In the world of medical malpractice insurance, there are two types of coverage available: Claims-Made and Occurrence. It is important that you have a clear understanding of the coverage differences so that you can make an informed decision on which one is right for you. Although it can be a bit complicated, the easiest way to remember the differences is this: The names describe how the coverage is triggered.
Claims-Made coverage triggers based on when the claim is made against you. Occurrence coverage triggers based on when the incident actually occurred.
How it works: An Occurrence policy provides coverage for incidents that “occur” during the policy period, regardless of when the claim is reported to the carrier. The policy will respond to claims that are reported even after the coverage has been terminated, assuming the incident occurred during the time in which coverage was in force; therefore, there is no need for you to buy tail insurance after the policy is cancelled.
Limits: An Occurrence policy provides a separate limit for each year the policy is in force. Its limits “restore” year after year so that claims paid for incidents arising from one policy year do not deplete the limits for other years. Occurrence limits have a “stacking” effect, so 10 years of coverage under a $1M/$3M limit policy would provide you with $10M/$30M in the aggregate.
Pricing: Occurrence premiums are usually 5-10% more expensive than fully mature Claims-Made premiums. The rates are generally flat year-over-year and there is no “stepping up” in rate, as with Claims-Made coverage.
Example: An OB/GYN obtains an Occurrence policy starting on 1/1/2000 with a $1M/$3M policy limit. She renews the policy every year for 10 years at the same limit. On 1/1/2010 she cancels the coverage. On 7/1/2011, a claim is filed for a surgery that she performed on 3/1/2009. She is covered for this claim, even though it was filed after the policy was cancelled because the incident “occurred” during the time period in which she was insured on the Occurrence form. Let’s assume the claim settles for $500,000. How much coverage does she have left?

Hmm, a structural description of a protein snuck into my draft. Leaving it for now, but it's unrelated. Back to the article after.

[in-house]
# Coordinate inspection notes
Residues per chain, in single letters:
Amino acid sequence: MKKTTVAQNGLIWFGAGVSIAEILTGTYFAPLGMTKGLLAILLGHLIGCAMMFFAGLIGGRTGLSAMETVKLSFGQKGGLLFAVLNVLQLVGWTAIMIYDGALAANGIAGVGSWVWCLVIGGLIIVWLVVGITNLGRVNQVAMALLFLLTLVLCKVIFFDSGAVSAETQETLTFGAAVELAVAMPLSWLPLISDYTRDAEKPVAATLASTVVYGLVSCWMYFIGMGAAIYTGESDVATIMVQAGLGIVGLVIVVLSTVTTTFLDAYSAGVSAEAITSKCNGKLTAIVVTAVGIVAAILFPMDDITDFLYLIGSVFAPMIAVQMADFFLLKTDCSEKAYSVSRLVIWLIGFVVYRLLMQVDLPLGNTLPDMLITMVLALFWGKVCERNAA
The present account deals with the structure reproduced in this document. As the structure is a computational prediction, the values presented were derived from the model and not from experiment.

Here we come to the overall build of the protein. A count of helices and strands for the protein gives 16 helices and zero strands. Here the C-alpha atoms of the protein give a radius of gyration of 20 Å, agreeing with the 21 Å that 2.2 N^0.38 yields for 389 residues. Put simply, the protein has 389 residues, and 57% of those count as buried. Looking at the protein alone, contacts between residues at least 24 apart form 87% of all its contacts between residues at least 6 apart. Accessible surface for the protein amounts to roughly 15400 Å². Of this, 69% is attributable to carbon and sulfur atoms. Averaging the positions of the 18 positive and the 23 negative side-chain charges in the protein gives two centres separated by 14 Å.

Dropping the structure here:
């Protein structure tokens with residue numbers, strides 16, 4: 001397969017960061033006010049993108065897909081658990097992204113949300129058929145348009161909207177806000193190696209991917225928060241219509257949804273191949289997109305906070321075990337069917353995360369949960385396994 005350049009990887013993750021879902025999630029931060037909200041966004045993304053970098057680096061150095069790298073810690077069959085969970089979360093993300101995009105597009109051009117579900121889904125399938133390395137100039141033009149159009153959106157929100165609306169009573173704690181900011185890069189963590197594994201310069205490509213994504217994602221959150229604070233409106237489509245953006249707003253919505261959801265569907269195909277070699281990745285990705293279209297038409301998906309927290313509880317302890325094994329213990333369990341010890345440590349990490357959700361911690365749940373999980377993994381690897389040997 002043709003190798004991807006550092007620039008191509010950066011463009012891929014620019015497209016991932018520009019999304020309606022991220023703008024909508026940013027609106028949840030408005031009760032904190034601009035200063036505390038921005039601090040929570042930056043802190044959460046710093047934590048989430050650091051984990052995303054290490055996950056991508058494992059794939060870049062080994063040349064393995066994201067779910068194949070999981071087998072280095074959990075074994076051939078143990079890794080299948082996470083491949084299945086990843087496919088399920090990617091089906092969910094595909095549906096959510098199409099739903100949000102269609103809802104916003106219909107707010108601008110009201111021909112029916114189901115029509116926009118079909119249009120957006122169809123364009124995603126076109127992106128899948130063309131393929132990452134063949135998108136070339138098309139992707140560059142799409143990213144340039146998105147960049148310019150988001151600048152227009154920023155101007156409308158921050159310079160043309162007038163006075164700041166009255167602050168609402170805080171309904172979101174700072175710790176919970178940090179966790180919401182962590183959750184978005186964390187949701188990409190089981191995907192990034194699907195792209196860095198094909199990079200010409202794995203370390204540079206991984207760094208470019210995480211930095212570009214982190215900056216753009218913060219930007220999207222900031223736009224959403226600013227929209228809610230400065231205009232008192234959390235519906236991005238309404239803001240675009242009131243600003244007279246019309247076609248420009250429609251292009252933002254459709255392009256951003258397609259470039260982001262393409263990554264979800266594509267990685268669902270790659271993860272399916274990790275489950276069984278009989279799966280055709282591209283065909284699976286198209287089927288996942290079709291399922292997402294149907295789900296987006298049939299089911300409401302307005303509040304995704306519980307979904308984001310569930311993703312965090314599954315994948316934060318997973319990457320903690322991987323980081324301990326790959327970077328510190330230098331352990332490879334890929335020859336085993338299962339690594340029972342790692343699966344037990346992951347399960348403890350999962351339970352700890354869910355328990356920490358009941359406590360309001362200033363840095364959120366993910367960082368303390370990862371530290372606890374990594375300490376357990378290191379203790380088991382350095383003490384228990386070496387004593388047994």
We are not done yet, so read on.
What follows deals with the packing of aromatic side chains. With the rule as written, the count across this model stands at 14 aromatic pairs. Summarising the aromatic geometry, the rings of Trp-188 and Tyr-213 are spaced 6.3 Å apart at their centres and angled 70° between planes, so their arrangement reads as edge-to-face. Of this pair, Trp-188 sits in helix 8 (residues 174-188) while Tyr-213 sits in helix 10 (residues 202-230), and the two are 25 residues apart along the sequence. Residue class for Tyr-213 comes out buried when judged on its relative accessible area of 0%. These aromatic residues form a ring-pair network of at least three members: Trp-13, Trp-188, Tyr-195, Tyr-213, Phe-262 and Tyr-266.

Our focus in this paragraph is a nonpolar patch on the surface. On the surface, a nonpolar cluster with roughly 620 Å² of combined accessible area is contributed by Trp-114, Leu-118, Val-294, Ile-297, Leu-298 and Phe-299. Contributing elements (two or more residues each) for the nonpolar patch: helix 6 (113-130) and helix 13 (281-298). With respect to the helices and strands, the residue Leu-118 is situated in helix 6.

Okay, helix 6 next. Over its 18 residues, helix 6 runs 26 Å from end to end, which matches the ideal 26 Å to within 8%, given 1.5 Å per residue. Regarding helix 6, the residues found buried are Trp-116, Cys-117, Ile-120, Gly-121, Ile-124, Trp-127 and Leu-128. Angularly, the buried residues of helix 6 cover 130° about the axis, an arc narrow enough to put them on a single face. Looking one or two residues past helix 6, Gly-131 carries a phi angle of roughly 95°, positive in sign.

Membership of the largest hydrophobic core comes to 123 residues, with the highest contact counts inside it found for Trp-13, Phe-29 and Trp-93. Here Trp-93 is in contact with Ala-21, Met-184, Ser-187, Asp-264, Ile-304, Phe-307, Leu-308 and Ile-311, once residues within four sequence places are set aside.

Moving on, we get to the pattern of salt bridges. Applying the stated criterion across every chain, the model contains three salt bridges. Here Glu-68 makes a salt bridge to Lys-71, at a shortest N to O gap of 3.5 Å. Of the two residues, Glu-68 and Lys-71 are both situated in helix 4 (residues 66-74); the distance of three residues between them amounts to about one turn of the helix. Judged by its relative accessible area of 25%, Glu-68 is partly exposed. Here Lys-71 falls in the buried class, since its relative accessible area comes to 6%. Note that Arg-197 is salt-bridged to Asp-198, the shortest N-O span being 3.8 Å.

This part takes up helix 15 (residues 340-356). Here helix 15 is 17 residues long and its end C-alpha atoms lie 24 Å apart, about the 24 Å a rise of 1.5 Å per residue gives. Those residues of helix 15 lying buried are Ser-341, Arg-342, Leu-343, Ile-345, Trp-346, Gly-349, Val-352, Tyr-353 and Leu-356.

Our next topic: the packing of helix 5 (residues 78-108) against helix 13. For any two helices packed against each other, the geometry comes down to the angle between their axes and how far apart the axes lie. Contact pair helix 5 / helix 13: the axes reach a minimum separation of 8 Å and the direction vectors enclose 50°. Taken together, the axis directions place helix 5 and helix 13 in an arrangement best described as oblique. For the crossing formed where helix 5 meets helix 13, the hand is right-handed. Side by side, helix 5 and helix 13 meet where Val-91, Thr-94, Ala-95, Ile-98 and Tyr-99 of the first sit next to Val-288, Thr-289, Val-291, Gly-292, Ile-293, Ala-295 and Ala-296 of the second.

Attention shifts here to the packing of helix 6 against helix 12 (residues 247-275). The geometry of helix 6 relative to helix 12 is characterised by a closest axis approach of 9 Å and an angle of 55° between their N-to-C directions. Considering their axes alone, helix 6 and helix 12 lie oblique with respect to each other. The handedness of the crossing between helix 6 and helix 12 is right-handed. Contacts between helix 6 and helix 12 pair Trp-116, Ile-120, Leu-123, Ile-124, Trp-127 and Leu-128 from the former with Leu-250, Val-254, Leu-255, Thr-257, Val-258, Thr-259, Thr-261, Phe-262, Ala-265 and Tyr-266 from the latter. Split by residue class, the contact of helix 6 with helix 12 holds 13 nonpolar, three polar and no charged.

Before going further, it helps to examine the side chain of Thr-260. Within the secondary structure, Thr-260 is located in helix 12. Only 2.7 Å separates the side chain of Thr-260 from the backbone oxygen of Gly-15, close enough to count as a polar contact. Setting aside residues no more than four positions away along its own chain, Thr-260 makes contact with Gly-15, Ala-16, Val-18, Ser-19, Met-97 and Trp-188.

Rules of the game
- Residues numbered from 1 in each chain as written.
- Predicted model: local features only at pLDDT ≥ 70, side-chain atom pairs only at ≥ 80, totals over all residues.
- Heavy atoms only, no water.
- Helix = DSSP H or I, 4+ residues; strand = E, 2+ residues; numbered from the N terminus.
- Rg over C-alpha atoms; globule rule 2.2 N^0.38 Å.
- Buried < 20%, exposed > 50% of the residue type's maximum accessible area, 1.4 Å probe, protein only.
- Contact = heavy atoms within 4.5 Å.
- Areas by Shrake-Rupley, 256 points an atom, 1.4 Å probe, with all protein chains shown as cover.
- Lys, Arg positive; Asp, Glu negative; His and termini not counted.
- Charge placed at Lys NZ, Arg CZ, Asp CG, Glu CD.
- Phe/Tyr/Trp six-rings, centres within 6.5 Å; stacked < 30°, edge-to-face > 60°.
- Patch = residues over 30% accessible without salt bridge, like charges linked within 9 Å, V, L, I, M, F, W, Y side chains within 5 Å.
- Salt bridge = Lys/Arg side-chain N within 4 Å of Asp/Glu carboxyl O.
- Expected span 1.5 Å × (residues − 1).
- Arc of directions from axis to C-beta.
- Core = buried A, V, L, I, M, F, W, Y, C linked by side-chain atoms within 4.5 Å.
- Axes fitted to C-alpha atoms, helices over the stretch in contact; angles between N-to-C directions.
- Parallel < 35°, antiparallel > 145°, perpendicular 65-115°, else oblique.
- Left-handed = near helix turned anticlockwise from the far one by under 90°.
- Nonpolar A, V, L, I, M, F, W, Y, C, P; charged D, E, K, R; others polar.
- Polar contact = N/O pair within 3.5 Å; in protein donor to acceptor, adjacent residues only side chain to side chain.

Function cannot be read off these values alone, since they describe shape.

1/1/2000 – 1/1/2001 = $1M/$3M
1/1/2001 – 1/1/2002 = $1M/$3M
1/1/2002 – 1/1/2003 = $1M/$3M
1/1/2003 – 1/1/2004 = $1M/$3M
1/1/2004 – 1/1/2005 = $1M/$3M
1/1/2005 – 1/1/2006 = $1M/$3M
1/1/2006 – 1/1/2007 = $1M/$3M
1/1/2007 – 1/1/2008 = $1M/$3M
1/1/2008 – 1/1/2009 = $1M/$3M
1/1/2009 – 1/1/2010 = $1M/$2.5M (she still has a $1M per claim limit; but the aggregate has been reduced to $2.5M after the claim settlement – however, notice that none of the previous policy limits have been affected)
Benefits of Occurrence Coverage:
· Flexibility - No need for tail insurance
· “Stacking” policy limits
Disadvantages of Occurrence Coverage:
· Harder to find (not as accessible as Claims-Made)
· Higher price
· If the insurer goes out of business, you would have to rely on the Guarantee Fund to cover you, which usually provides lower limits and less than desirable services/defense capabilities.
· Concerns regarding whether the past policy limits are adequate (inflation)